Margaret, Countess of Salisbury, was one of few women in Tudor England to wield landed power. Her Plantagenet blood resulted in a life that lurched between the extremes of royal favour and royal wrath.
In the Middle Ages, the Wheel of Fortune was a popular motif, showing the transience of everything – no matter how high you might be today, soon, the Wheel would turn and you too, would be brought low, whilst another took your place. The history of Margaret, Countess of Salisbury can be seen as a perfect example of this mediaeval narrative, as her life moved from wealth and magnificence, to poverty and obscurity, then back to power and influence, before descending into a pit of dishonour and death.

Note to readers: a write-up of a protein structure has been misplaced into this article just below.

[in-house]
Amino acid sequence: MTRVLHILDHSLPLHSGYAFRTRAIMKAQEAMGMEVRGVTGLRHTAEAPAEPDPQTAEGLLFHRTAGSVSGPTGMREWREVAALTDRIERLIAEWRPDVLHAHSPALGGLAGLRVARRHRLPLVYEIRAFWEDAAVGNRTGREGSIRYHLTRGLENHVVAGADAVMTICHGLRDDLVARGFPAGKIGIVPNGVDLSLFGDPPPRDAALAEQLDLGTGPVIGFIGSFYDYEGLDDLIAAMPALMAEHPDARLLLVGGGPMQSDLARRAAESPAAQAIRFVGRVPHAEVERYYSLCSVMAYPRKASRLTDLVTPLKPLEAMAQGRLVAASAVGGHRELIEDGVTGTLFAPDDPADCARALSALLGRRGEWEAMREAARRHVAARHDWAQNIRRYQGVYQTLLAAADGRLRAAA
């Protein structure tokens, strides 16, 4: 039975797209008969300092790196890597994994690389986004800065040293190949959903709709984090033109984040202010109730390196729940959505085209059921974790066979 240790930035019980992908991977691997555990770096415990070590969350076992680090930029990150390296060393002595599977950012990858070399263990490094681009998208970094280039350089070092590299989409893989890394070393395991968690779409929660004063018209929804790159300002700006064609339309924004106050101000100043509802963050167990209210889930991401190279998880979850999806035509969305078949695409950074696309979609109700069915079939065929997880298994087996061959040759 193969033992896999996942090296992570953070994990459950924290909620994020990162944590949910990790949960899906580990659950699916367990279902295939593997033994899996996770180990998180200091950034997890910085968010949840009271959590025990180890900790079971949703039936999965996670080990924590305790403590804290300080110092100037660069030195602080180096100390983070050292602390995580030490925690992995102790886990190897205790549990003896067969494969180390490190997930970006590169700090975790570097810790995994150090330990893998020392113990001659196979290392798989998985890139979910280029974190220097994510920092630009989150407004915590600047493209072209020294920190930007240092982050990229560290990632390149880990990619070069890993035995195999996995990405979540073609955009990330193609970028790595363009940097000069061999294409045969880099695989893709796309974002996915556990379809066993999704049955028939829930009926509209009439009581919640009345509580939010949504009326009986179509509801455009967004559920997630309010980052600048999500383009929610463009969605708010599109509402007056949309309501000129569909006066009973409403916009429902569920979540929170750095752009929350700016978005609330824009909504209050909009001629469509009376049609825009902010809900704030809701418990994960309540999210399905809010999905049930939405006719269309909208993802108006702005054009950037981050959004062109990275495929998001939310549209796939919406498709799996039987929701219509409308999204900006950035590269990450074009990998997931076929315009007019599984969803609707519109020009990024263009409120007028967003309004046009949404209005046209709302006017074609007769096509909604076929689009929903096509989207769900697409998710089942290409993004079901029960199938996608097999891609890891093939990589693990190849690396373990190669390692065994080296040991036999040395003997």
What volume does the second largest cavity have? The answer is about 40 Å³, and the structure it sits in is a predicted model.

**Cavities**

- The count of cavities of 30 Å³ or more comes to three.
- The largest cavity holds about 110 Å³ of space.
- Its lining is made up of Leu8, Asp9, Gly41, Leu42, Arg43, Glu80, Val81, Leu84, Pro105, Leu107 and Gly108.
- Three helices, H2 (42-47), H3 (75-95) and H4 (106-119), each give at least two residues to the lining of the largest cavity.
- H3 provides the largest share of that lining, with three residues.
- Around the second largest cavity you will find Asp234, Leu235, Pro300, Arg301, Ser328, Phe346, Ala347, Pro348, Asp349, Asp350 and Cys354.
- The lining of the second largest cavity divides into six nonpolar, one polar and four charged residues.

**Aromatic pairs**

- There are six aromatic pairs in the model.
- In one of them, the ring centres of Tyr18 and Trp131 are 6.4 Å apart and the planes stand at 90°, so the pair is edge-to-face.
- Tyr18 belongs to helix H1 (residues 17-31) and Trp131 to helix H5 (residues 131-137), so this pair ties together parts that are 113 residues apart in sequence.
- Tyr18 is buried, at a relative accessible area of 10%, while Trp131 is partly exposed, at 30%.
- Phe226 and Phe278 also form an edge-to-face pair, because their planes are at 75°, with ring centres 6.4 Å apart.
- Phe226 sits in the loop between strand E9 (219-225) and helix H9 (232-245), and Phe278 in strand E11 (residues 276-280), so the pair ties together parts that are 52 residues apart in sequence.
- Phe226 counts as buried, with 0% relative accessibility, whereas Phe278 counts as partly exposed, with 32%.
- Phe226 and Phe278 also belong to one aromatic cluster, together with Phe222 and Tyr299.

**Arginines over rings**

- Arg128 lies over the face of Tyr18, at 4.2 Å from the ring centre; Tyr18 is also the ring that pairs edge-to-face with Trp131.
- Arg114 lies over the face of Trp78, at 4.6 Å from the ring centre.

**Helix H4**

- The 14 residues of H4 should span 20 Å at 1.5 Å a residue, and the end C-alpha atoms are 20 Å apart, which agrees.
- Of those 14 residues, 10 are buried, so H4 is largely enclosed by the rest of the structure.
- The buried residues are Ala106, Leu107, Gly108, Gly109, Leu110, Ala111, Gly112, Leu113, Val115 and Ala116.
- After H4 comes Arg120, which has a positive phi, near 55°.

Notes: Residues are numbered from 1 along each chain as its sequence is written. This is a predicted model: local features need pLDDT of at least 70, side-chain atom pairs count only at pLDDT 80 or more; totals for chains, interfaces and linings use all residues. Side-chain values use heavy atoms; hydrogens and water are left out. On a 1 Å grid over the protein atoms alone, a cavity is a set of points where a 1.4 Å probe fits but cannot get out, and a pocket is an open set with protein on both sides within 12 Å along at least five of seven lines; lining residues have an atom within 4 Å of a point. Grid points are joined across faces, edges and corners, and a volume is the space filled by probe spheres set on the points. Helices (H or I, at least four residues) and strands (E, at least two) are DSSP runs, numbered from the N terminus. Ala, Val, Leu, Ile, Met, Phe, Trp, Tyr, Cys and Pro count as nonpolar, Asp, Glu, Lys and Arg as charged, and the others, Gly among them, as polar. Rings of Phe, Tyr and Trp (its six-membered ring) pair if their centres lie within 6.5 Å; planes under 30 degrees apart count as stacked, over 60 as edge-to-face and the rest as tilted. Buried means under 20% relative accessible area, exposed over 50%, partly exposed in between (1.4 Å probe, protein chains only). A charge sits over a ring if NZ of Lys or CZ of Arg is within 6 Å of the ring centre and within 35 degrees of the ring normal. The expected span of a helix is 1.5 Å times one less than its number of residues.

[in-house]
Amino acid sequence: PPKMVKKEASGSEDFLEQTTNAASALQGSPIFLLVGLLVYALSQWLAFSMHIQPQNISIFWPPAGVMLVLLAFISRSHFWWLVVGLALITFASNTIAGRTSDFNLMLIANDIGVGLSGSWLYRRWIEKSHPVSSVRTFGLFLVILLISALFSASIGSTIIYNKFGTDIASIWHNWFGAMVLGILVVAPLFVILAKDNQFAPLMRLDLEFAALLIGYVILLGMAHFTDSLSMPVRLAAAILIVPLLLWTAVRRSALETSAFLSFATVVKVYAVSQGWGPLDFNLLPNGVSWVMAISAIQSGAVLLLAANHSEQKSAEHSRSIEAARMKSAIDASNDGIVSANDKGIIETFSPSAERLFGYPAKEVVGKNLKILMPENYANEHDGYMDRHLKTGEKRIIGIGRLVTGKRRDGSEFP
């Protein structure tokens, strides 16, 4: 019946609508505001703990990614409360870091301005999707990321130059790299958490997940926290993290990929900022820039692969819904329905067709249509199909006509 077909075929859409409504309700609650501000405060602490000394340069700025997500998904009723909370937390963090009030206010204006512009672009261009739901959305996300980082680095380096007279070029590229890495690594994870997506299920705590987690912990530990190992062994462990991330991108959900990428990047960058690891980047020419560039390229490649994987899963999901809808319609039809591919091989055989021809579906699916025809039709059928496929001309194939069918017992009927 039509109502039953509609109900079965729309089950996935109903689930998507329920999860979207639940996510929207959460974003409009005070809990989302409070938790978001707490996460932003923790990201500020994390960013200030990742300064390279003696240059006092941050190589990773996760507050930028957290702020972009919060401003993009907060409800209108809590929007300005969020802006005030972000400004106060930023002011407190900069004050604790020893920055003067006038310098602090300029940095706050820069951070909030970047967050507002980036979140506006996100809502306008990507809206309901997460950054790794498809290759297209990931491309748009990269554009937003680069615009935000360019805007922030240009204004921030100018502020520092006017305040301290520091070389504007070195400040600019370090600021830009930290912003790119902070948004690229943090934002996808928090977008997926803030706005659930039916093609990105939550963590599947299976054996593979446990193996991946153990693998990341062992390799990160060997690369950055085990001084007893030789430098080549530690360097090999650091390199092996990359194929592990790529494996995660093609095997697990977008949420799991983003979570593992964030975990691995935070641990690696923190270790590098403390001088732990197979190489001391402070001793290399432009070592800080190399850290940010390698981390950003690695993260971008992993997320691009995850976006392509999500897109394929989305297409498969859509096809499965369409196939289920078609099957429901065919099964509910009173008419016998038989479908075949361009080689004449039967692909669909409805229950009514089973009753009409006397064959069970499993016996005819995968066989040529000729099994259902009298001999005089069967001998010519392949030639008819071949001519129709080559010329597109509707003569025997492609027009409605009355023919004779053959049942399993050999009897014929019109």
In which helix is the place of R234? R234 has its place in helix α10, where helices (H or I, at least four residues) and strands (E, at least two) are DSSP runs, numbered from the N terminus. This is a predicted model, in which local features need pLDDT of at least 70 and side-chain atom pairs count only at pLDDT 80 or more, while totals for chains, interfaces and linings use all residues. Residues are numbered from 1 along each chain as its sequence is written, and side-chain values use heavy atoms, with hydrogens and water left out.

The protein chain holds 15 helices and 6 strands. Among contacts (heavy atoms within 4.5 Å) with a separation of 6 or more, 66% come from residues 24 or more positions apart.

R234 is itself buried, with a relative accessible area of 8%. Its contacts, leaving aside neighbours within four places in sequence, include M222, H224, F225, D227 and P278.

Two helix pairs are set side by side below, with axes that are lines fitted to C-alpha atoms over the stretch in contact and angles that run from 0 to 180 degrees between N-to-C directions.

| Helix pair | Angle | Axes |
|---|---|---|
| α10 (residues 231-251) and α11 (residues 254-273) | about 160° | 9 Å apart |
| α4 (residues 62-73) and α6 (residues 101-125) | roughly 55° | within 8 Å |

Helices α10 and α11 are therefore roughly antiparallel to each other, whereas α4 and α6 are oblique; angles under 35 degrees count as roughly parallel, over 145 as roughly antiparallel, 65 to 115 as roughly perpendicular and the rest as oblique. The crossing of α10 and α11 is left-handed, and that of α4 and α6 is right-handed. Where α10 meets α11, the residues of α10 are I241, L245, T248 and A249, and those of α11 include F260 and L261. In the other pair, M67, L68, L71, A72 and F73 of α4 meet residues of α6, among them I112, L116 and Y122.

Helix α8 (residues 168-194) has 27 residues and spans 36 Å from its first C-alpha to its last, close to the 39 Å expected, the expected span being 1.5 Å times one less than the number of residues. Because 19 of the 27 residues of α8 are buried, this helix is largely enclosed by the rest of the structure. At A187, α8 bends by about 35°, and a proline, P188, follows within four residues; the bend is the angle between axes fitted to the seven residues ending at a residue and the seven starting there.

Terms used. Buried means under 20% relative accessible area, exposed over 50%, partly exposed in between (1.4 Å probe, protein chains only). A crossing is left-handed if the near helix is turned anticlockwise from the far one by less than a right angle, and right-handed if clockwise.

Margaret lived mainly in a broad sweep of land that stretched from the Welsh Borders to London, in many of the royal castles and palaces of southern England, as well as in the great castles of the mediaeval nobility.
She wielded power and influence more commonly in the hands of men, and this made her a political figure, in a way unusual for women of the sixteenth century. This position affected both the way she lived, and the reasons for her death.
Listen to our editor, Melita Thomas, discuss Margaret Pole with Heather Teysko of the Renaissance English History Podcast.